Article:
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Iraqis fleeing the war are increasingly making their way toward American borders as illegal immigrants. But many of them are far from insurgents bent on doing harm to America. They are from a Christian minority, persecuted and tormented by the same Islamic extremists the U.S. fears just as much. Among them are single young men of fighting age like Boles. But whole families are making their way over too.

In Damascus, Syria, Iraqi Christian refugees taken sanctuary

from Islamic extremists. This Iraqi Christian proudly shows a

tattoo proudly marking his religion. Photo by Todd Bensman

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-- More than 5,700 illegal “special interest aliens” from 43 Islamic countries, including State Sponsors of Terror, have been caught while traveling over the Canadian and Mexican borders along well-established underground smuggling routes between 9-11, 2001 and June 2007, a traffic that continues daily.

-- The general flow of routes across the world moves toward South America and Central America first because it puts illegal immigrants within easy striking distance of the Mexican border. Corrupt customs and government officials in those nations, as well as Arab settler populations, help keep this traffic moving northward, providing safe haven, jobs and smuggling connections.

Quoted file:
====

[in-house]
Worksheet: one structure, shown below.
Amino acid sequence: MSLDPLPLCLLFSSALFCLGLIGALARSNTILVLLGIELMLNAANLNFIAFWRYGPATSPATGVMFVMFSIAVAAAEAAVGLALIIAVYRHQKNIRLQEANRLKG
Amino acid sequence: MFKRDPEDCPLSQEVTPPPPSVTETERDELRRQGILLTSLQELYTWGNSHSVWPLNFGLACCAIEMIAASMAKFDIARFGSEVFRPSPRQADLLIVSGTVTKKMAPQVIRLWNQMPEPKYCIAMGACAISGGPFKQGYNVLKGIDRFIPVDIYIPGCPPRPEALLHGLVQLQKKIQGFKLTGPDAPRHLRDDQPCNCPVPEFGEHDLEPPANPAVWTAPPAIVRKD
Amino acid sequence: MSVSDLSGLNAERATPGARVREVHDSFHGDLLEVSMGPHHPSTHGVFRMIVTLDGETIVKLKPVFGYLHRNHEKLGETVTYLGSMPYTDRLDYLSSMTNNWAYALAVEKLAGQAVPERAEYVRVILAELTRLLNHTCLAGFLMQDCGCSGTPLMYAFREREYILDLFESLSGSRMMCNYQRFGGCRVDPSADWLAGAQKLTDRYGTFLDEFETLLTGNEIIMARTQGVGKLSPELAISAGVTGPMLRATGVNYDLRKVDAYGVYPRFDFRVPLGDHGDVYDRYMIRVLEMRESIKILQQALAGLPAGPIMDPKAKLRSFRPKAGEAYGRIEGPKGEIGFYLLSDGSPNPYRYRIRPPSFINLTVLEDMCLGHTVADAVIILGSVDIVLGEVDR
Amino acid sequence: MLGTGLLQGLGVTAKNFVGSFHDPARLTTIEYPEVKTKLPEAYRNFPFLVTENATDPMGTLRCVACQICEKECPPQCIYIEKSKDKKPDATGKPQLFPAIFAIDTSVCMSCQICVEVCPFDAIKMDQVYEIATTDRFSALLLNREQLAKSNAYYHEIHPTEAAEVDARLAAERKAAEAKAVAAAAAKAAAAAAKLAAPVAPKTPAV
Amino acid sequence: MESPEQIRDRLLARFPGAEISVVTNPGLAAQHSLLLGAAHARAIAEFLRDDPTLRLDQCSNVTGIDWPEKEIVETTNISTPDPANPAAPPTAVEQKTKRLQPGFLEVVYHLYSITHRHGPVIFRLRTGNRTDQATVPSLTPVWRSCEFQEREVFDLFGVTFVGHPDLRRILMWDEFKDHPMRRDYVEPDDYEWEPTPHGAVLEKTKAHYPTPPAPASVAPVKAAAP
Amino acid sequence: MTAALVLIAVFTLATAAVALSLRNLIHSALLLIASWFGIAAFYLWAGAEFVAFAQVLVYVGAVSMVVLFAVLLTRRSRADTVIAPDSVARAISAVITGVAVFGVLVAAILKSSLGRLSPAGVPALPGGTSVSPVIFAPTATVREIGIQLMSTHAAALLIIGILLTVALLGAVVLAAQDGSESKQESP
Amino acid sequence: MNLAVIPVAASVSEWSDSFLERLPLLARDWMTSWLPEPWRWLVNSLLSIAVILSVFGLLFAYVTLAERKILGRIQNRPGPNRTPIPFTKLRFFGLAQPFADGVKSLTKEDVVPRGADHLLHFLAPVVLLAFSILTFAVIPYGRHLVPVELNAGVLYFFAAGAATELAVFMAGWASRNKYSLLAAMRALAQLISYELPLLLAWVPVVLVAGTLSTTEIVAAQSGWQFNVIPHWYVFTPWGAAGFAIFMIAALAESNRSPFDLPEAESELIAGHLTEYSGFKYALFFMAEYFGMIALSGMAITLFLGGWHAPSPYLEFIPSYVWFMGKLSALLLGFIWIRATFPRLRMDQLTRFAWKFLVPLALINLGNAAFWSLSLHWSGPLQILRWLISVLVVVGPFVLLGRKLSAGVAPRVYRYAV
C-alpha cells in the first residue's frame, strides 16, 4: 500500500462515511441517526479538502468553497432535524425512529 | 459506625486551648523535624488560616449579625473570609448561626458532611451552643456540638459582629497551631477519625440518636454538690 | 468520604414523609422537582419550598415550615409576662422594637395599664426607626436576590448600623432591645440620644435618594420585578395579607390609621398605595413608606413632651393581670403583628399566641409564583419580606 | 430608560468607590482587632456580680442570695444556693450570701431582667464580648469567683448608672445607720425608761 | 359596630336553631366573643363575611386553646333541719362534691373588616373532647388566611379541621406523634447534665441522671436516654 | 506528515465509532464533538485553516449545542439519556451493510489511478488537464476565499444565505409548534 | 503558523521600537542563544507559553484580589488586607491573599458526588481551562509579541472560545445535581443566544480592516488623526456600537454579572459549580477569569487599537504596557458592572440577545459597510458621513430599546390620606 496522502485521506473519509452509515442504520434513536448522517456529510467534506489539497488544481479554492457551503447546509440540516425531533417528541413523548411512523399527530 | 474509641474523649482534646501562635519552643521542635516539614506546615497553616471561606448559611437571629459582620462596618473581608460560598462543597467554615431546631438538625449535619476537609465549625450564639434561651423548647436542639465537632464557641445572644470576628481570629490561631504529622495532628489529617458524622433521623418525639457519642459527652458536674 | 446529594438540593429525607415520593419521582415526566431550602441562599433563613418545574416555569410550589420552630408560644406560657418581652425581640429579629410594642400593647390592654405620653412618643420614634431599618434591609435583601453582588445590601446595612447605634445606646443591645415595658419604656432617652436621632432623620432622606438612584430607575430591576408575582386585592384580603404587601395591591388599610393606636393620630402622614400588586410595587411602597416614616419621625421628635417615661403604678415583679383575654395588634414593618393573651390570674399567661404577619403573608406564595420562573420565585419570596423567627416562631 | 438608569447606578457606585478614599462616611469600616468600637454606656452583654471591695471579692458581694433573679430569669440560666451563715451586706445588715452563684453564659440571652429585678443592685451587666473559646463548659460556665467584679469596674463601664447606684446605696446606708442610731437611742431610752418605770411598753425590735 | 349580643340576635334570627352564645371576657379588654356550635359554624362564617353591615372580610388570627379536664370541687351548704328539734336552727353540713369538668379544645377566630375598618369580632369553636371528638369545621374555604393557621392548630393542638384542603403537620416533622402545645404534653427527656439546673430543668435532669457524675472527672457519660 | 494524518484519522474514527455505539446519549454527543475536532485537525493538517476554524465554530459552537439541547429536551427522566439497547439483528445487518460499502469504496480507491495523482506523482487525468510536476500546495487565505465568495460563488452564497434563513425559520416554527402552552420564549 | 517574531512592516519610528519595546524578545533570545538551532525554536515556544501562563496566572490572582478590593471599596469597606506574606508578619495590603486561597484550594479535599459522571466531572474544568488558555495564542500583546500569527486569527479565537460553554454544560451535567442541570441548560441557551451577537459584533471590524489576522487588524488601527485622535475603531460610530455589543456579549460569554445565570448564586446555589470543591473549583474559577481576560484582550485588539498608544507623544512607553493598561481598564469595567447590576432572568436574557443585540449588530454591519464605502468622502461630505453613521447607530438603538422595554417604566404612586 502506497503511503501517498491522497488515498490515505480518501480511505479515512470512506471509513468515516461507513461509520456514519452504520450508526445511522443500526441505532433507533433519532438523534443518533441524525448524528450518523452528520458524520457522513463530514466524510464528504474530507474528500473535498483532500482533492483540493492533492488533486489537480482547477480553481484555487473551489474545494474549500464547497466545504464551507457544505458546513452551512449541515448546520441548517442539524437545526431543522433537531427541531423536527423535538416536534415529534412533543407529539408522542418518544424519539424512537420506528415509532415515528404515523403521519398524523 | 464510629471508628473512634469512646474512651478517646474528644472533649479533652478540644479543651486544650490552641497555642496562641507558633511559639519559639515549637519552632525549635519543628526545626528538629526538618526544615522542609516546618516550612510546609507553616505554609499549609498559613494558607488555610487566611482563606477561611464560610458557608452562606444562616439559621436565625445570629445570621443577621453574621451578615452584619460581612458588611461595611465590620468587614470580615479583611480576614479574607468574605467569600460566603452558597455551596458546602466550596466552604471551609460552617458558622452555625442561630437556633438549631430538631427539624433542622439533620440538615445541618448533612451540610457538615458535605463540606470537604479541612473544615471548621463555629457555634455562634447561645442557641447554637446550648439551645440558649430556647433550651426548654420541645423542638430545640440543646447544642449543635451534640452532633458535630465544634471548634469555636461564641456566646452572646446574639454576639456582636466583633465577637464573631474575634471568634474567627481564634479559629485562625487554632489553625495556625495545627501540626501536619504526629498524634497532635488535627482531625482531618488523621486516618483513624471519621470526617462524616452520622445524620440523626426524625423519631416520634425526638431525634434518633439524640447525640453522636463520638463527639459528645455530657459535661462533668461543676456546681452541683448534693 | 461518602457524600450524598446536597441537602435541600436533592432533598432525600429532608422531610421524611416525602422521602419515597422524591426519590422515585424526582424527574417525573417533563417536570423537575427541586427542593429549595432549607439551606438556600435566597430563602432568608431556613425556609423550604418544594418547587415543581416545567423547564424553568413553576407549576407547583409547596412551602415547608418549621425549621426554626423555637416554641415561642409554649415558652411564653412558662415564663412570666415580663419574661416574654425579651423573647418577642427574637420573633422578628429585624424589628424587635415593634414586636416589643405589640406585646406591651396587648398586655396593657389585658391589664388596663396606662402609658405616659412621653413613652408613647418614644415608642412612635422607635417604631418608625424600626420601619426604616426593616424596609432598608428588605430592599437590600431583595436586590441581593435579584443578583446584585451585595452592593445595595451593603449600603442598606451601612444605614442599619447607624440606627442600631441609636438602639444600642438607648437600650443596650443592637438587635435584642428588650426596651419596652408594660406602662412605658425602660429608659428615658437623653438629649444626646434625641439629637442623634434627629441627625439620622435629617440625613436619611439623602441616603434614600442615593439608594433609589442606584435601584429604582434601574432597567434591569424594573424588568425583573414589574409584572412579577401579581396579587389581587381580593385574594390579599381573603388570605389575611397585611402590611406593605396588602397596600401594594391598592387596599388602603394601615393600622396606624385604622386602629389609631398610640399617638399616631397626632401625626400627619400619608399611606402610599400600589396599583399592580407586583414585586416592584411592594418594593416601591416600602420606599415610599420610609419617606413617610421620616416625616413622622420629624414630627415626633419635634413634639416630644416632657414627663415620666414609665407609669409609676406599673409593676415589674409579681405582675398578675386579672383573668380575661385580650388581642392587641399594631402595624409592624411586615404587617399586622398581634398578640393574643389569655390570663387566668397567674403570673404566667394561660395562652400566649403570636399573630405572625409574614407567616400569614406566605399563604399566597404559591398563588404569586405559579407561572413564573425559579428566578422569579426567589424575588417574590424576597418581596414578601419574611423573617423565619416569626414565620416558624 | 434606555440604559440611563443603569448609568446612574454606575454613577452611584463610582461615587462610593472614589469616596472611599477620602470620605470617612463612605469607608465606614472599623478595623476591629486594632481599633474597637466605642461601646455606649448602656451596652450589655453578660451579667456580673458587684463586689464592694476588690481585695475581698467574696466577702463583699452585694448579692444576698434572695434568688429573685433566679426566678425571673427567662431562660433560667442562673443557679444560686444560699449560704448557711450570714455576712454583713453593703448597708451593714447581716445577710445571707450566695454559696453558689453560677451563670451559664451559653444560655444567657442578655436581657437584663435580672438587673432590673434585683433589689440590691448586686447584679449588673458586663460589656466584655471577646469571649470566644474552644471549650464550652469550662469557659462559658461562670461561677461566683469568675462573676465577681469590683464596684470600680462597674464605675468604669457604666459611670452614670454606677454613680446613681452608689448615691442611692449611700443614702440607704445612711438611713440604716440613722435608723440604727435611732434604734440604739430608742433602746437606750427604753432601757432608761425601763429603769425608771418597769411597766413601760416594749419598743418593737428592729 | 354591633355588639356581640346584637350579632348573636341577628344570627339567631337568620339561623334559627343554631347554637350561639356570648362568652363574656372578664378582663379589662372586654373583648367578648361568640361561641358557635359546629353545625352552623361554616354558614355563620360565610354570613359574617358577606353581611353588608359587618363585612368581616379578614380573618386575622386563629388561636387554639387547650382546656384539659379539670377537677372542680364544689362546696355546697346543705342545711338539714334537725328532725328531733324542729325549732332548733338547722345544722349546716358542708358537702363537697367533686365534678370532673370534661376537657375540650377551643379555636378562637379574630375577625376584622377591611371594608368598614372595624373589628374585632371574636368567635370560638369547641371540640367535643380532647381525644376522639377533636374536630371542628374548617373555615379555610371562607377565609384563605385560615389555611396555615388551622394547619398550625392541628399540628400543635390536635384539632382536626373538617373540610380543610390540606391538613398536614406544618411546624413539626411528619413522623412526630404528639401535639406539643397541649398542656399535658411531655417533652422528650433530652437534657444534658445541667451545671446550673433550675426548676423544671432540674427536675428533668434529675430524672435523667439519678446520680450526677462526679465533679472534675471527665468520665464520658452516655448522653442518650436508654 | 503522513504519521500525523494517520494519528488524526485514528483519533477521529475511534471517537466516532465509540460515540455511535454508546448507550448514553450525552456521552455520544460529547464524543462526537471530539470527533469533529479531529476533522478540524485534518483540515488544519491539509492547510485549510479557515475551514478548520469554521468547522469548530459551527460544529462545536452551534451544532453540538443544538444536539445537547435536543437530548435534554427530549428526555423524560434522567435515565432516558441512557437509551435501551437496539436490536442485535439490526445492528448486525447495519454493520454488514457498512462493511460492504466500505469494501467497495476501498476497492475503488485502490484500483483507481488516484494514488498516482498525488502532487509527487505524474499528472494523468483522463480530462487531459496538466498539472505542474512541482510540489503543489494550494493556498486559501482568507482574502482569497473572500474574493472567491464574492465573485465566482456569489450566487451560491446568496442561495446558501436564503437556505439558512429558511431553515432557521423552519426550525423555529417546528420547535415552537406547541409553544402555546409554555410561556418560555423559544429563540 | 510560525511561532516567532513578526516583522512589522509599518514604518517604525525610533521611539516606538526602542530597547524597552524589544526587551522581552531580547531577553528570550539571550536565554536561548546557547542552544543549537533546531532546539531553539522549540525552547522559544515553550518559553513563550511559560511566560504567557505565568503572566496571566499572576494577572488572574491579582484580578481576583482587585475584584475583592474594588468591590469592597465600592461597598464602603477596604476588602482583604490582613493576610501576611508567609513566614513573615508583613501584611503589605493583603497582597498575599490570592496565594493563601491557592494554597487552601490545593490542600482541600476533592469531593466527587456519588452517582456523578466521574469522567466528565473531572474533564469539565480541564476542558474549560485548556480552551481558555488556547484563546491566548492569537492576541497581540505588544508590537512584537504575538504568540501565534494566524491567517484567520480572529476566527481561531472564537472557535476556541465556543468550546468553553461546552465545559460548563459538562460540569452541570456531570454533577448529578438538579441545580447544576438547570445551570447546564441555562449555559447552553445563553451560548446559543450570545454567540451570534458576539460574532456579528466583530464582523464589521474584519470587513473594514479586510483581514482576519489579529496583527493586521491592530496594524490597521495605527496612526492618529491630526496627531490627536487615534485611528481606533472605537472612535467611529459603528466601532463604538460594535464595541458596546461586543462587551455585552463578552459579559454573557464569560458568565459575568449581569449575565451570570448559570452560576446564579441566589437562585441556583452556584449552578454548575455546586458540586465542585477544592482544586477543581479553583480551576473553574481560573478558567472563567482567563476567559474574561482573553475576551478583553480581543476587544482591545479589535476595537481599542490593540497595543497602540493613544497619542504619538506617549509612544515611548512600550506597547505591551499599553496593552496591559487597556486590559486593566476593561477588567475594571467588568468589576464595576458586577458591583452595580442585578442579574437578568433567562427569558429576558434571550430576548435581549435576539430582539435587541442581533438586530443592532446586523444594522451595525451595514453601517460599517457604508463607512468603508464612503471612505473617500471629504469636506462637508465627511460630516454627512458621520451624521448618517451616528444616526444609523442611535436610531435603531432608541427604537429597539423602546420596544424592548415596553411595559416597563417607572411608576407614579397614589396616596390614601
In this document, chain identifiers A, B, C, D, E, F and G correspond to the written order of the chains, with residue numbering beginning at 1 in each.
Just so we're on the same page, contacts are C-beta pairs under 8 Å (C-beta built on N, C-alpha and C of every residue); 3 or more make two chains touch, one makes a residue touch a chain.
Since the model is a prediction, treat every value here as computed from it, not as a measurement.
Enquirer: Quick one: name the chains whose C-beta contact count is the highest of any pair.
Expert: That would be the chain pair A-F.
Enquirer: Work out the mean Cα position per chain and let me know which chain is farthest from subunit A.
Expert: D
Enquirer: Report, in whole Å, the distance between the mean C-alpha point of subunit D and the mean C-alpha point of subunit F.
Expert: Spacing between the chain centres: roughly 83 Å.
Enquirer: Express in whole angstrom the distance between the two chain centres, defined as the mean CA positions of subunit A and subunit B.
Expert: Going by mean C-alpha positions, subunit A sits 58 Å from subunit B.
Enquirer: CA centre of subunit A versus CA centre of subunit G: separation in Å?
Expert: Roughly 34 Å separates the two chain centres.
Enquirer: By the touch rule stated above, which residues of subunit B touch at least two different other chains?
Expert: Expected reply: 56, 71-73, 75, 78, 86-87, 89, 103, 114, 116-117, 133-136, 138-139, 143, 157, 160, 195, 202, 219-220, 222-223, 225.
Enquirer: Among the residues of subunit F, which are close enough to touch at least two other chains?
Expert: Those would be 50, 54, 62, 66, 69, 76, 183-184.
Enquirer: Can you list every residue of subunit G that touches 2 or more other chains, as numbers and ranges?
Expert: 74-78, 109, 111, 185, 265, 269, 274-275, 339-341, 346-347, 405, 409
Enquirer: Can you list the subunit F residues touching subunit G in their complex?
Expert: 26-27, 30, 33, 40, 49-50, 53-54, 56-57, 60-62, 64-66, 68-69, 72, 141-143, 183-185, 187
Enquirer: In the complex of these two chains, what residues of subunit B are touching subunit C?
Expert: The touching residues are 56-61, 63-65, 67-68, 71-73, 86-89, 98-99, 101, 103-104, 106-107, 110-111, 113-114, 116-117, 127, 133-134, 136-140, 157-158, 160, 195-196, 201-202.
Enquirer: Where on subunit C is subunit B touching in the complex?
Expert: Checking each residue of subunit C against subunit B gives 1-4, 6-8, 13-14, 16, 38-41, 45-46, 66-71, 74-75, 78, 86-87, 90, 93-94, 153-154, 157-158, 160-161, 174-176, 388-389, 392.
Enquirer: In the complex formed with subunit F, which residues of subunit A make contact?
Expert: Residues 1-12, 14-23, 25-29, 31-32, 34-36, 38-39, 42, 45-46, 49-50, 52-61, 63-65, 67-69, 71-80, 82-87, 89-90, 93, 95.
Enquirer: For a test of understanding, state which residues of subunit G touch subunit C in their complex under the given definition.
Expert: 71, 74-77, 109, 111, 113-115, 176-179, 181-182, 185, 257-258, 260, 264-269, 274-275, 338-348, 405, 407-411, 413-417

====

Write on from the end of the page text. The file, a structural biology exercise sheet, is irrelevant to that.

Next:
-- Based on widely accepted rule of thumb estimations, between 20,000 and 60,000 have gotten through without getting caught since 9/11. Most are probably economic or politically persecuted migrants. But the primary security threat are those who evade terror watch list screening of any sort, and they are many.

-- These illegal immigrants, though small in total numbers, are considered high risk because they hail from countries where American troops are actively battling Islamic insurgents, from nations where radical Islamic organizations have bombed U.S. interests, or from designated State Sponsors of Terrorism. Among the nations whose citizens are crossing U.S. borders are Saudi Arabia, Iran, Pakistan, Afghanistan, Iraq, Syria, Libya, Morocco, Sudan, Lebanon, Jordan and the Palestinian Arab territories.